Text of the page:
At the fight on the Coa in July 1810, Napier highly distinguished himself. On the occasion General Robert Craufurd [q. v.], with five thousand men and six guns, stood to receive the attack of thirty thousand French, having a steep ravine and river in his rear, and only one bridge for retreat. Napier rallied his company under a heavy fire, and thereby gave time to gather a force to cover the passage of the broken troops over the bridge. He received on the field the thanks of his commanding officer. His company lost thirty-five men killed and wounded out of the three hundred, the loss in the whole division. Towards the end of the action he was shot in the left hip; but the bone was not broken, and, although suffering considerably, he continued with his regiment until the battle of Busaco, 27 Sept. 1810, where both his brothers were wounded. He took part in the actions of Pombal and Redinha. At the combat of Casal Novo on 14 March 1811, during Massena's retreat, Napier was dangerously wounded when at the head of six companies supporting the 52nd regiment, and his brother George had his arm broken by a bullet. It was after this fight that his brother Charles, hastening to the front with the wound that he himself had received at Busaco unhealed, met the litters carrying his two wounded brothers, and was informed that William was mortally injured. Napier rejoined the army with a bullet near his spine and his wound still open. He was appointed brigade major to the Portuguese brigade of the light division. He took part in the battle of Fuentes d'Onoro on 5 May 1811, and on the 30th was promoted brevet-major for his services. He continued to serve until after the raising of the second siege of Badajos, when he was attacked by fever. Ill as he was, he would not quit the army until Lord Wellington directed his brother to take him to Lisbon in a headquarter calèche. Wellington took a great interest in the Napiers, and himself wrote to acquaint their mother whenever they were wounded. From Lisbon in the autumn of 1811 Napier was sent to England, and in February 1812 he married Caroline Amelia, daughter of General the Hon. Henry Fox and niece of the statesman.
Three weeks after his marriage Napier sailed again for Portugal, on hearing that Badajos was besieged. Before he reached Lisbon Badajos was taken, 6 April 1812, and his dearest friend, Lieutenant-colonel Charles Macleod of the 43rd regiment, had been killed in the breach. Napier was deeply affected by this loss. He took command of his regiment as the senior officer, having become a regimental major on 14 May 1812. At the battle of Salamanca on 23 July 1812, the 43rd, with Napier at its head, led the heavy column employed to drive back Foy's division and seize the ford of Huerta. Napier rode in front of the regiment, which advanced in line for a distance of three miles under a constant cannonade, keeping as good a line as at a review. After Salamanca Wellington with his victorious army entered Madrid on 12 Aug., and here Napier remained with his regiment until the siege of Burgos was raised, when the 43rd joined the army on its retreat into Portugal.
Napier obtained leave to go to England in January 1813, and remained at home until August, when he rejoined his regiment in the Peninsula as regimental major. He landed at Passages, and found the 43rd regiment at the camp above Vera, in the Pyrenees. On 10 Nov., at the battle of the Nivelle, Colonel Hearn fell sick, and the command of the regiment devolved upon Napier, who was directed to storm the hog's back of the smaller Rhune mountain. This position had been entrenched by six weeks' continuous labour on the part of the enemy. Napier and the 43rd carried it with great gallantry. When Lord Wellington forced the passage of the Nive, the light division, in which was the 43rd regiment, remained on the left bank, and on 10 Dec. the divisions on the left bank were suddenly attacked by Soult. Napier and the 43rd were on picquet duty in front, and fortunately detected suspicious movements of the enemy, so that General Kempt was prepared. When the picquet was attacked, Napier withdrew without the loss of a man to the church of Arcangues, the defence of which had been assigned to him. Here he was twice wounded; but he continued to defend the church and churchyard until the 13th, when the fighting terminated by Lord Hill's victory at St. Pierre. Napier was promoted brevet lieutenant-colonel on 22 Nov. 1813.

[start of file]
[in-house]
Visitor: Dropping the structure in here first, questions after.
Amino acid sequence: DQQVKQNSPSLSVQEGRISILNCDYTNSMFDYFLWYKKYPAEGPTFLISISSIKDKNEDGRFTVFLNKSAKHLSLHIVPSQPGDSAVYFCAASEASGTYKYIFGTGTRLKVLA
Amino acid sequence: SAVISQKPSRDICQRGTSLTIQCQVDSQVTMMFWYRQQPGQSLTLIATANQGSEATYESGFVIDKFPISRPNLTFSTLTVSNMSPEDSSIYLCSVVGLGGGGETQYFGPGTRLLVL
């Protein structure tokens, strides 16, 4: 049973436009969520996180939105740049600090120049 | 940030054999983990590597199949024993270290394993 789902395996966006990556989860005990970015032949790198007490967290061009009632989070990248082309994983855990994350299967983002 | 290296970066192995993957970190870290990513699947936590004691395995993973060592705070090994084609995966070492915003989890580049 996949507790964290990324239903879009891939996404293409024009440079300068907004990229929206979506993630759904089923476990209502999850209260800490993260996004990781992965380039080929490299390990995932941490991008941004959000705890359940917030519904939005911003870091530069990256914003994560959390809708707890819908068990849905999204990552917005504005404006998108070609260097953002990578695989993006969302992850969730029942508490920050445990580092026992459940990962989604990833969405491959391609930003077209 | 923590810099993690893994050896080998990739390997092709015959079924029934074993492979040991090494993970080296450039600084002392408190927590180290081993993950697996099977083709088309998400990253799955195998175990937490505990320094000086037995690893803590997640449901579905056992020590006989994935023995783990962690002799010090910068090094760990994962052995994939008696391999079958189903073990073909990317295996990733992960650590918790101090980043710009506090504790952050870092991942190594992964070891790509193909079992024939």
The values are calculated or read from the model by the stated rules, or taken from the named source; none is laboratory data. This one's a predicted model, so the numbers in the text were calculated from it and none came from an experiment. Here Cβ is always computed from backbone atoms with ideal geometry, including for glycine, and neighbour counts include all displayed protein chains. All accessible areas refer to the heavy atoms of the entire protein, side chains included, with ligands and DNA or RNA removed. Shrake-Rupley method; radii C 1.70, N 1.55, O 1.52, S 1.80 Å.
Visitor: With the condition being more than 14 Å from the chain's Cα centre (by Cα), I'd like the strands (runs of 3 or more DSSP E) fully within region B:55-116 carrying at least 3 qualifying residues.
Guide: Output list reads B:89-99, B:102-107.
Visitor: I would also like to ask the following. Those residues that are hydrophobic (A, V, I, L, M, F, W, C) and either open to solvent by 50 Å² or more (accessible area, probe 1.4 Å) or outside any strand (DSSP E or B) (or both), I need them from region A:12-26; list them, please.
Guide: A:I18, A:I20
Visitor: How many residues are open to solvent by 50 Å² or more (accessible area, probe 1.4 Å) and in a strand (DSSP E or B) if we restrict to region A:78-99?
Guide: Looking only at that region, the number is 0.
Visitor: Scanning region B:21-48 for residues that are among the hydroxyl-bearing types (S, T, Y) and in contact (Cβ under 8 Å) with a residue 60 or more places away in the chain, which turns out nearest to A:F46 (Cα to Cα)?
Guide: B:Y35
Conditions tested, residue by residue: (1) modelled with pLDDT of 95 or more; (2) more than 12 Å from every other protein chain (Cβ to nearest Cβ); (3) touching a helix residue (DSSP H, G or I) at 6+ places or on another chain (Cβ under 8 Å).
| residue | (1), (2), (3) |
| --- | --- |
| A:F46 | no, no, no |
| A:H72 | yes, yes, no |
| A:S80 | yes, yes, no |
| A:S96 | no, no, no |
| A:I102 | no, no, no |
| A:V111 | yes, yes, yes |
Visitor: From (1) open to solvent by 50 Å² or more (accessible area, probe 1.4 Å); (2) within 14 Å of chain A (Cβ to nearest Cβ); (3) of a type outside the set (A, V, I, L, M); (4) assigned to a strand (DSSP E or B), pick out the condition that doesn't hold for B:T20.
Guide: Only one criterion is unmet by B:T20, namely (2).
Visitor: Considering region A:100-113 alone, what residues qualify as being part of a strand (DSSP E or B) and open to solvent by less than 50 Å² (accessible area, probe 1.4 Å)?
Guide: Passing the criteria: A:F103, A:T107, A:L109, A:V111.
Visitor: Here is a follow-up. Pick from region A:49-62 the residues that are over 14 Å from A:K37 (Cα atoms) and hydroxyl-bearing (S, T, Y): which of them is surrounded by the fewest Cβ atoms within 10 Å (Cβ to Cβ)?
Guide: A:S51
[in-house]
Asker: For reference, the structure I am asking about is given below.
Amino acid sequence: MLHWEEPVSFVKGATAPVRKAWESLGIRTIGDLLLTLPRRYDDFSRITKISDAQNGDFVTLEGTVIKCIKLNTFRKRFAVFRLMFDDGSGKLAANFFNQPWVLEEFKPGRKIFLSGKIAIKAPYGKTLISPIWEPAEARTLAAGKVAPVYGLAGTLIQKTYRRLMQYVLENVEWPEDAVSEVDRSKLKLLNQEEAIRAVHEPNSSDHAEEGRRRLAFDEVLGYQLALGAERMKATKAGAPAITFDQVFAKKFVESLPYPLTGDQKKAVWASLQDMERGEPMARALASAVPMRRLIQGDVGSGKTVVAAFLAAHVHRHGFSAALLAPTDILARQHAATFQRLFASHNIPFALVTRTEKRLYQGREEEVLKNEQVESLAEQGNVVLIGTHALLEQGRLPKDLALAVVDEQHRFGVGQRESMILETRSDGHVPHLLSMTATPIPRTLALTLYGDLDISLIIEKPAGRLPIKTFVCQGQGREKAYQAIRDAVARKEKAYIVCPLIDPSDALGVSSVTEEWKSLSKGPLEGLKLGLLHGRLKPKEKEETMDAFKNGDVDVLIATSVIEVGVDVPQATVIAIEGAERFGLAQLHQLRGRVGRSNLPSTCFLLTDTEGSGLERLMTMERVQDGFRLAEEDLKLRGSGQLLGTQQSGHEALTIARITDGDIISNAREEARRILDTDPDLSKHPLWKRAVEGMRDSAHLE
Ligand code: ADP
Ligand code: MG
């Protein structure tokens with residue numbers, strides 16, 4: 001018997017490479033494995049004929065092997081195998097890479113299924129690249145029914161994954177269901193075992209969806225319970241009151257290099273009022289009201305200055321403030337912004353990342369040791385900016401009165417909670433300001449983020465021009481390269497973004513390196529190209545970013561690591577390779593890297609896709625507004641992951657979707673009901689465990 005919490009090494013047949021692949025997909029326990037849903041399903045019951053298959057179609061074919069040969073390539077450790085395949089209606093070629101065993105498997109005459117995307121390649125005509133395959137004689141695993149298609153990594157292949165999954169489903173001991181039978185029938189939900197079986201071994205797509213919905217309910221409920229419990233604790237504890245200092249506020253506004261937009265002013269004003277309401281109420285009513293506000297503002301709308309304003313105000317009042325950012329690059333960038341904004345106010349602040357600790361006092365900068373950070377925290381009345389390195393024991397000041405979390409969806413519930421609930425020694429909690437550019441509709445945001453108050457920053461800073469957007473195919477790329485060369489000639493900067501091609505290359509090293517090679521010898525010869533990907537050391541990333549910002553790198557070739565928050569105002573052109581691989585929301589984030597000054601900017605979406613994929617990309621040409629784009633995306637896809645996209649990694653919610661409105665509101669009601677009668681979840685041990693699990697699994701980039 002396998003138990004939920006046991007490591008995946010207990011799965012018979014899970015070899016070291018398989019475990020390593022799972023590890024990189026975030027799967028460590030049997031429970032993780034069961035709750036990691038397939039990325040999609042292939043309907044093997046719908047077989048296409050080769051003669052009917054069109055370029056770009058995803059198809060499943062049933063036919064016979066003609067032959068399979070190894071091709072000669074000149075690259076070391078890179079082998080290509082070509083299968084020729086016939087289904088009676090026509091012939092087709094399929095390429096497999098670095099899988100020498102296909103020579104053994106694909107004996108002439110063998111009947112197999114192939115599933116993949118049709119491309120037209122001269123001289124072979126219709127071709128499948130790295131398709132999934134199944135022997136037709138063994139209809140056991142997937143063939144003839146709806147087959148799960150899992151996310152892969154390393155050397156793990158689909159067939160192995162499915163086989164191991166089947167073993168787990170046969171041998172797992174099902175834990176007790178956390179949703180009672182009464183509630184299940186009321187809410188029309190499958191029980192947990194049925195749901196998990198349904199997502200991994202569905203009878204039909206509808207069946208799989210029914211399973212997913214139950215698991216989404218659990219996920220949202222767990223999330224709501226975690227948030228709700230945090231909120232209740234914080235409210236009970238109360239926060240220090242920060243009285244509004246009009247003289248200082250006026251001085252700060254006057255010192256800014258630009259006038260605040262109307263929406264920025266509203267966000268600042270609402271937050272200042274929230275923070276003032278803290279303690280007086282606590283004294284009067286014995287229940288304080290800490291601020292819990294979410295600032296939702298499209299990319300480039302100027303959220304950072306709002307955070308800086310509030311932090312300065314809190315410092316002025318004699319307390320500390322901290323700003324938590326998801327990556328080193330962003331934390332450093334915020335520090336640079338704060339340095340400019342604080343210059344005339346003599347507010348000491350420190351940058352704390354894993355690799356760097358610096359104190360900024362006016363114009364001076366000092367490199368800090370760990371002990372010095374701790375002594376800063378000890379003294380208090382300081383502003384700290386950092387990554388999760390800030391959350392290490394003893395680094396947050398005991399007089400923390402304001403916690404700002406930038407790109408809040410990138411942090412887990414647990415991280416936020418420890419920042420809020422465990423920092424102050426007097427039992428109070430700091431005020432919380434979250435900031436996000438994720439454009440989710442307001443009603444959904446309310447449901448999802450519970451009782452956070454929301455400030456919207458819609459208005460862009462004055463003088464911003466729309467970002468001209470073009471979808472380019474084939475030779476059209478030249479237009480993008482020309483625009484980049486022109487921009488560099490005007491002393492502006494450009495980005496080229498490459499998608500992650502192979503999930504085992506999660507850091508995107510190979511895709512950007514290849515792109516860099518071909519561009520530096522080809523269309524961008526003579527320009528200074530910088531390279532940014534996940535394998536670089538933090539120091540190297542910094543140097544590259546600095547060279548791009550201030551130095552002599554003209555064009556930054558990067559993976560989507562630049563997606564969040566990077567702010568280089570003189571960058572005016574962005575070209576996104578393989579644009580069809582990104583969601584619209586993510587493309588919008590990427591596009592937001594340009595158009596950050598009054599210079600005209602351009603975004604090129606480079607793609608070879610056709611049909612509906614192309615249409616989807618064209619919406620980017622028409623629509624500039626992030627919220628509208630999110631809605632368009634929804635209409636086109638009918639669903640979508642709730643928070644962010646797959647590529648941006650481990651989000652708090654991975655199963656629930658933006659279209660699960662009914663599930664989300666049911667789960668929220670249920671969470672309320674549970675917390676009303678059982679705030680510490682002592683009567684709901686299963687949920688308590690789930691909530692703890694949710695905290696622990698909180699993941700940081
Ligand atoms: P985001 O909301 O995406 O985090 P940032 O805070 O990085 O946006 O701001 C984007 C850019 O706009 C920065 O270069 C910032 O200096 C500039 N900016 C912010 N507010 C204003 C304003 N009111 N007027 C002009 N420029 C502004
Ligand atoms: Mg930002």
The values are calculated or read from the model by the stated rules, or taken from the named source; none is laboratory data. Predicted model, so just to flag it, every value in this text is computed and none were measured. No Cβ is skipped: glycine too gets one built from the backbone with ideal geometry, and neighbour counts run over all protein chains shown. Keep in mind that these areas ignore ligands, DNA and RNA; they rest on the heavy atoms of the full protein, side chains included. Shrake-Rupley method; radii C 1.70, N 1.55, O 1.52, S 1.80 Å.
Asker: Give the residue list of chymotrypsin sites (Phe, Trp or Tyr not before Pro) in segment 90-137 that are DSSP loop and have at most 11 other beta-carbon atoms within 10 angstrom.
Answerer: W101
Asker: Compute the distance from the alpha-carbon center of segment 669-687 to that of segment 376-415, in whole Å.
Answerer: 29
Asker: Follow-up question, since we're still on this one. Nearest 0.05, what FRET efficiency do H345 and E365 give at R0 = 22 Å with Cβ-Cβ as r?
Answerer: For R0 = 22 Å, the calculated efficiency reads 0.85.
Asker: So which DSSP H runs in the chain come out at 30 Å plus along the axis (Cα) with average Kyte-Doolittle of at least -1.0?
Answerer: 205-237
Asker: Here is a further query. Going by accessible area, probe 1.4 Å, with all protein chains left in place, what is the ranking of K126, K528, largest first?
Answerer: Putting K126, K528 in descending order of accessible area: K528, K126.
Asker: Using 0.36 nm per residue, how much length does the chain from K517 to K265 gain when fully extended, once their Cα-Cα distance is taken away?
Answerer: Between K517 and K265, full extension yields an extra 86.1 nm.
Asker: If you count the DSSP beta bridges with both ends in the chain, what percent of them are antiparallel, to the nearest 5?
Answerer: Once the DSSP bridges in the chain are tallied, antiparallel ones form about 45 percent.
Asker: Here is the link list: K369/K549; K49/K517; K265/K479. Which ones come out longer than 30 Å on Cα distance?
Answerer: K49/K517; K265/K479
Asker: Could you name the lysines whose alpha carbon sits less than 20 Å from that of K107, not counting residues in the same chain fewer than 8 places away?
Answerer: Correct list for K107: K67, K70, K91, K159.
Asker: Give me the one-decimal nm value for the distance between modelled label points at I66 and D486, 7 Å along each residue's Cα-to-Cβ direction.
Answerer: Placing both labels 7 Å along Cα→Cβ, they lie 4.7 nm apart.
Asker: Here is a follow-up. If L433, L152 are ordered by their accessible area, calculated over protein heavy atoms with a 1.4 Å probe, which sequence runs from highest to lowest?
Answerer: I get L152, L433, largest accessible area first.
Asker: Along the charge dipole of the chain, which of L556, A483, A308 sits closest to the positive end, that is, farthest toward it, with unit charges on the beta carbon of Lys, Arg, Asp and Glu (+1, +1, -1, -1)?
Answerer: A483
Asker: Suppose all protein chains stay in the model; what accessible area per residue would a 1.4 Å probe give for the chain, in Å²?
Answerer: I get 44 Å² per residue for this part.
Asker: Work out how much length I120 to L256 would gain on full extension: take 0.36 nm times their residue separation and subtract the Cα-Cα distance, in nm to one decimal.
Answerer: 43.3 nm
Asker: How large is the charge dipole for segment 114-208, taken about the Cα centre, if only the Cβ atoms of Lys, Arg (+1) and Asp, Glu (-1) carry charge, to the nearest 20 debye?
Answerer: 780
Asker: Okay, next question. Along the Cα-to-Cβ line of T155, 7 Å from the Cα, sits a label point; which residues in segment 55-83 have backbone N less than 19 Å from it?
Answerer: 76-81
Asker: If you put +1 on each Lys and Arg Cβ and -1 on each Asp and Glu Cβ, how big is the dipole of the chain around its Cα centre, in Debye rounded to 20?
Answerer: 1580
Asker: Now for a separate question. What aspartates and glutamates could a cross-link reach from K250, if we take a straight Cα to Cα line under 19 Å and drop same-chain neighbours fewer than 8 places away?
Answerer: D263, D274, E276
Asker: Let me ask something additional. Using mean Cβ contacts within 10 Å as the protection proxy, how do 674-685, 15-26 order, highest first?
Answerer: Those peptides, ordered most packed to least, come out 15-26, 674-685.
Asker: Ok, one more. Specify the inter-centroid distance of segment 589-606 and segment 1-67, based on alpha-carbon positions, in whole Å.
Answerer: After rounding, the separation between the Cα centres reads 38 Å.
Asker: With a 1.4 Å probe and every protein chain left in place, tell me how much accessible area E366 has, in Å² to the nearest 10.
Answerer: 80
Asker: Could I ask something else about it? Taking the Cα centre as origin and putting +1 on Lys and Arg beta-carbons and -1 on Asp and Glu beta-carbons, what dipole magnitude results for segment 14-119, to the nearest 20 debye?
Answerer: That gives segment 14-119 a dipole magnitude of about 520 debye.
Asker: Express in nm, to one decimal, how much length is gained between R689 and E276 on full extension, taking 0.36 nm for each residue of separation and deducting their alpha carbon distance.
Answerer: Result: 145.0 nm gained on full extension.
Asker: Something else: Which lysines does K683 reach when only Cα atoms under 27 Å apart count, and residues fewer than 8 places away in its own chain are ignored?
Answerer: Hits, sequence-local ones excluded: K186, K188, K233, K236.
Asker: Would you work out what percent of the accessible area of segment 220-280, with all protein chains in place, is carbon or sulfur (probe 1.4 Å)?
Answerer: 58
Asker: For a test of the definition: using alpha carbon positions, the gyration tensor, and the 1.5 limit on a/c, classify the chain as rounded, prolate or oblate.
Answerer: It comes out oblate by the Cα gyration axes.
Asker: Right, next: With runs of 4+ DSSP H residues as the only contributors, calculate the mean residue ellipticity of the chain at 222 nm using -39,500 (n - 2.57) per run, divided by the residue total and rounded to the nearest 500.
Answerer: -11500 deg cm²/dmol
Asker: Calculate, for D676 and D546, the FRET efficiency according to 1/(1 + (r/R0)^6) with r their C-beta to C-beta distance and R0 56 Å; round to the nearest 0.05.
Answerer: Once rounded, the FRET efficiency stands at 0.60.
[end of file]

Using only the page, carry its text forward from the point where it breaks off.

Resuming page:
Napier was present at the battle of Orthez on 27 Feb. 1814, but his wounds and ill-health afterwards compelled him to go to England. On his recovery from a protracted illness he joined the military college at Farnham, where his brother Charles was also studying. On the return of Napoleon from Elba, Napier made arrangements to rejoin his regiment, and embarked at Dover on 18 June 1815, too late for Waterloo. He accompanied the army to Paris. Napier, with the 43rd, was quartered at Bapaume and Valenciennes. On the return home of the army of occupation, the regiment was sent to Belfast. Want of means to purchase the regimental lieutenant-colonelcy of his regiment determined Napier to go on half-pay, and he accordingly retired from the active list at the end of 1819. He received from the officers of the 43rd a very handsome sword, with a flattering inscription, and was granted the gold medal and two clasps for Salamanca, Nivelle, and Nive, and the silver medal with three clasps for Busaco, Fuentes d'Onoro, and Orthez. He was also made a C.B.